Target Shareholders Say ‘No’ to Activist Investor
head of Pershing Square Capital Management and activist investor, has wanted
to shake things up at Target. In the past year, he has pushed for the company
to sell its credit card operations, spin off its real estate assets and
forced a shareholder vote to expand Target’s board and elect directors
who shared his vision for the retailer’s future.
Unfortunately for Mr. Ackman,
he has not made the case for change with the majority of Target’s shareholders.
At the company’s annual meeting yesterday, shareholders voted to maintain
the board size at 12 instead of the 13 he sought. It also reelected four
incumbent board directors rather than those backed by Mr. Ackman.
outcome demonstrates the confidence Target shareholders have in our Board’s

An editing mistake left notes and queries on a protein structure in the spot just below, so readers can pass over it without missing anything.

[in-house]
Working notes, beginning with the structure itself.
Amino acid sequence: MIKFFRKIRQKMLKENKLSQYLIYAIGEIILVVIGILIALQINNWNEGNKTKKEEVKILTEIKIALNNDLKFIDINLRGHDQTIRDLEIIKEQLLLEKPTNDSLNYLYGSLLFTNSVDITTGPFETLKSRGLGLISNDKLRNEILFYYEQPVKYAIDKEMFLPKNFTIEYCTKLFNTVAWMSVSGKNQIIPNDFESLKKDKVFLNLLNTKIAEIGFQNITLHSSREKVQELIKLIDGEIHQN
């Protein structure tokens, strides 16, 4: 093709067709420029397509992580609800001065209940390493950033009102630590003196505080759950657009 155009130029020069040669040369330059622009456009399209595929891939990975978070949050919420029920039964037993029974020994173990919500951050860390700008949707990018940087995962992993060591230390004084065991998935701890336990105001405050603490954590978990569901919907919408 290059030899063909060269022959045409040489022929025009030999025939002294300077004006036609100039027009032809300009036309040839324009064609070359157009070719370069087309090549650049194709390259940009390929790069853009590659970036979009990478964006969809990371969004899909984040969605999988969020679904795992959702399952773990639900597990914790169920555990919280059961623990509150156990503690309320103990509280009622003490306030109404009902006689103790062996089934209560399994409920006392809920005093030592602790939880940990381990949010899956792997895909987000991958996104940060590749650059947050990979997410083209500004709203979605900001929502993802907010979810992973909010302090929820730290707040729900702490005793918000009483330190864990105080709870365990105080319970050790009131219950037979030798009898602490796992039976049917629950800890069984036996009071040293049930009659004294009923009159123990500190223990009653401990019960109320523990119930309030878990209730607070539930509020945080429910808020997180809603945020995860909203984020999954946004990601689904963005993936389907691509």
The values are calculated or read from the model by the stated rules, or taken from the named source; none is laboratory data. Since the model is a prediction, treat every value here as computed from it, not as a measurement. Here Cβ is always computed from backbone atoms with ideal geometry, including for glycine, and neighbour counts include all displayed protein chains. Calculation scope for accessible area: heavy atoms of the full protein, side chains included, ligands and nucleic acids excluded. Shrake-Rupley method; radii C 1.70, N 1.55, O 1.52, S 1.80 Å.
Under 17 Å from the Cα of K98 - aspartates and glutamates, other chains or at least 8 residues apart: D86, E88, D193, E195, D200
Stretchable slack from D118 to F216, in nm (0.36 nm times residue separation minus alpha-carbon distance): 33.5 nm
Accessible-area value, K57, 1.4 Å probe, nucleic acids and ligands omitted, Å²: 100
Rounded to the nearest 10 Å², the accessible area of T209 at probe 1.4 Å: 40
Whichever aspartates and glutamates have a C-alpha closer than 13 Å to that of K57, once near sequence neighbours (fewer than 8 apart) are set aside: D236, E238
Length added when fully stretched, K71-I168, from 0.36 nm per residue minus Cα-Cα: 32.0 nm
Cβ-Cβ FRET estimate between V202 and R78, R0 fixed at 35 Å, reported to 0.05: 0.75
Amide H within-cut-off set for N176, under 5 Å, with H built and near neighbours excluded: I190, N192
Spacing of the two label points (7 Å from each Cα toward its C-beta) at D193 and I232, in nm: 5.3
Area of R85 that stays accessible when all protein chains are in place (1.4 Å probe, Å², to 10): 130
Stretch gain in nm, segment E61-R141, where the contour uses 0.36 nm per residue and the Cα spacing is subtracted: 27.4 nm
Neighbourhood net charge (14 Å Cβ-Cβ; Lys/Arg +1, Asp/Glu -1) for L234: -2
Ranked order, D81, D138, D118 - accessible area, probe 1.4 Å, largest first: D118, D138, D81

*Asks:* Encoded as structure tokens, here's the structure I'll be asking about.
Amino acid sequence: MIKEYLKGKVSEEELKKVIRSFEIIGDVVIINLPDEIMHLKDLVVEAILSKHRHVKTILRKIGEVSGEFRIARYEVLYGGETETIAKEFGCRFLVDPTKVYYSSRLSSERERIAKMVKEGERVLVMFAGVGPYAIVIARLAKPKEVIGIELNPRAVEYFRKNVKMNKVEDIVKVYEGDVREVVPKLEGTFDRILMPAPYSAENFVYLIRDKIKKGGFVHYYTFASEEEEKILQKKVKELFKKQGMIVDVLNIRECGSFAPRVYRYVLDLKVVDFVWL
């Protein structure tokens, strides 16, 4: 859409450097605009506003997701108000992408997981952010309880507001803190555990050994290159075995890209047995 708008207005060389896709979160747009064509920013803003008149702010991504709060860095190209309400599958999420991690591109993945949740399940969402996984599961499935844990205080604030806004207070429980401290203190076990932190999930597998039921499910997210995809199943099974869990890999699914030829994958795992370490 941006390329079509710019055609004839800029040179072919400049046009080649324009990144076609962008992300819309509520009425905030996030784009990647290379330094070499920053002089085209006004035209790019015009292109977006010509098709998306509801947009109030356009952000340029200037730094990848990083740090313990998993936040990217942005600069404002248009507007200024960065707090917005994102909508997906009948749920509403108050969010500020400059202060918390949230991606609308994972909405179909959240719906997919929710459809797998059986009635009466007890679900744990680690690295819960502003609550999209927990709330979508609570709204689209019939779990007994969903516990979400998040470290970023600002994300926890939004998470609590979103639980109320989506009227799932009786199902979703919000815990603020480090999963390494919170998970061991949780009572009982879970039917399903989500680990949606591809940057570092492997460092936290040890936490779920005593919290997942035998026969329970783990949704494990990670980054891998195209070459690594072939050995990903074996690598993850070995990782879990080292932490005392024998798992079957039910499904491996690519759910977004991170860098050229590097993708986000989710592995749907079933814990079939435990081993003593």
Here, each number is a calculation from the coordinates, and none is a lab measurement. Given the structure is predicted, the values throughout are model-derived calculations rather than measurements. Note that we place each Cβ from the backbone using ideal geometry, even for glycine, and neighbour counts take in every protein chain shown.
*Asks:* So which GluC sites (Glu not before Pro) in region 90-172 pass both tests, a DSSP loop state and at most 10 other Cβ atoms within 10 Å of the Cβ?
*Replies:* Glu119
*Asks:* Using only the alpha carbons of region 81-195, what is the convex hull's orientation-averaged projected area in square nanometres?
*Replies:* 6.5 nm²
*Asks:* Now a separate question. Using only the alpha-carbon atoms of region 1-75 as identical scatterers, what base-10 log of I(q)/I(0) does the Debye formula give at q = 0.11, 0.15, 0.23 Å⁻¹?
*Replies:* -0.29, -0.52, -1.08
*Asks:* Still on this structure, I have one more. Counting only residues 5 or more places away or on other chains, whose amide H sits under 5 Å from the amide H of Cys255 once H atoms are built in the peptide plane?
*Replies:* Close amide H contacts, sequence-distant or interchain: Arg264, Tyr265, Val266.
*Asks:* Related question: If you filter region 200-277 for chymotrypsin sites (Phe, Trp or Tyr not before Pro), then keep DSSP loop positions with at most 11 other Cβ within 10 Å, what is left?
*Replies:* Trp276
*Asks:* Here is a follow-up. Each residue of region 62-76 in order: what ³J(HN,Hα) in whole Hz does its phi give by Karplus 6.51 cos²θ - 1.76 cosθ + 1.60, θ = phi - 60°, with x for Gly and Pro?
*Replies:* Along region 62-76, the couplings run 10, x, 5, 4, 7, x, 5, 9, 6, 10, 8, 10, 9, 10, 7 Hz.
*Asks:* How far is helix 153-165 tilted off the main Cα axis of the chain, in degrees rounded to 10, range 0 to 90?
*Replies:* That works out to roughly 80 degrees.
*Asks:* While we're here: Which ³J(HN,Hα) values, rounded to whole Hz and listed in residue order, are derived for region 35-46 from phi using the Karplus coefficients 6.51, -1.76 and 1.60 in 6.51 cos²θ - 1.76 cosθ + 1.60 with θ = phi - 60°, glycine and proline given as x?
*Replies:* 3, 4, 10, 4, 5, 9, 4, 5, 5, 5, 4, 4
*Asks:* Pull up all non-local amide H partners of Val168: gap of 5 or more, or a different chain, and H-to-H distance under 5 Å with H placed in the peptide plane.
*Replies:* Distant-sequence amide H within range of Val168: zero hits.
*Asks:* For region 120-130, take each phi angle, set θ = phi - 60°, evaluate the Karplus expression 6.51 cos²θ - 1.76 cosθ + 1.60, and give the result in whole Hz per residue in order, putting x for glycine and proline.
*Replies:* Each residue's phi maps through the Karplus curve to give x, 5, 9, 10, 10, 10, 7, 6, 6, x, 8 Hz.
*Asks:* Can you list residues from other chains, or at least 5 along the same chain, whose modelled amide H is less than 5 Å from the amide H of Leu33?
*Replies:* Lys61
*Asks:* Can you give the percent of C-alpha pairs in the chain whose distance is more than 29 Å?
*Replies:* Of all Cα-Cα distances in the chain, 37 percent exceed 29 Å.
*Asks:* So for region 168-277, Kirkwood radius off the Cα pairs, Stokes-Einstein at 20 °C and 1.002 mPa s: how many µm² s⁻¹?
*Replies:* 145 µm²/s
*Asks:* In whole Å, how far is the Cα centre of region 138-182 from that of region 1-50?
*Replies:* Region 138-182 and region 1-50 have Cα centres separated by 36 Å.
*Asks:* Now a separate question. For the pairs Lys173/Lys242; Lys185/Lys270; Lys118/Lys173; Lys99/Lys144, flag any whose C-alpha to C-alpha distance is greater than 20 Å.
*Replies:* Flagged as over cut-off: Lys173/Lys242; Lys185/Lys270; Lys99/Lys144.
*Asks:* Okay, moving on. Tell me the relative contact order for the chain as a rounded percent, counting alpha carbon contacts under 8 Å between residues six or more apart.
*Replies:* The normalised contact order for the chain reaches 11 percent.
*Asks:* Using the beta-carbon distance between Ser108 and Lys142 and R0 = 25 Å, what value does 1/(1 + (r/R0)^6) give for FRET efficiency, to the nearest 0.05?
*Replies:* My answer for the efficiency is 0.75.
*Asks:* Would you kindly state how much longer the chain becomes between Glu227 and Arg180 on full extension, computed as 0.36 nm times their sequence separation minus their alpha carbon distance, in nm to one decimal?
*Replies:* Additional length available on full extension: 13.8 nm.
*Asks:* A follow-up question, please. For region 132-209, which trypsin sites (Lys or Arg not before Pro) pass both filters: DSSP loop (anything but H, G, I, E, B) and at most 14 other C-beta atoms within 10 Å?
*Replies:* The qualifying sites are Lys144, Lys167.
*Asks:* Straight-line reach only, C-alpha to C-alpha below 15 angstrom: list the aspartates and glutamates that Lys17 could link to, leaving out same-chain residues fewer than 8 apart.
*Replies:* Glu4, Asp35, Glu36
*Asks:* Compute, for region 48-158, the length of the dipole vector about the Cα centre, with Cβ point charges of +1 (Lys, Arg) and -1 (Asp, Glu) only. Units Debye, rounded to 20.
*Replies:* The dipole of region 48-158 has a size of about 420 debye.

qualifications, diversity and experience to provide effective and independent
oversight and direction to the company, contributing to the creation of
one of the most recognized brands in the United States,” said Gregg Steinhafel,
Target’s chairman, president and chief executive officer, in a press release.
“We remain dedicated to serving the interests of all shareholders by
sustaining Target’s competitive advantage, driving continued profitable growth
and generating substantial shareholder value over time.”
believe that Target’s board has shown a strong purpose and direction, and
I think it would have been disruptive if Ackman would
have had these people,” Walter Loeb, a retail consultant, told The
What do you think of the vote by Target shareholders to side with the
company’s board over William Ackman? In general,
are activist investors such as Mr. Ackman a
positive or negative force when it comes to the long-term health of the
companies they invest in?
Corporation Shareholders Elect Company’s Director Nominees and Establish
Board Size of Twelve at Annual Meeting – Target Corporation
shareholders side with company, reject Ackman slate
in battle over board’s size, makeup – The Associated Press/Minneapolis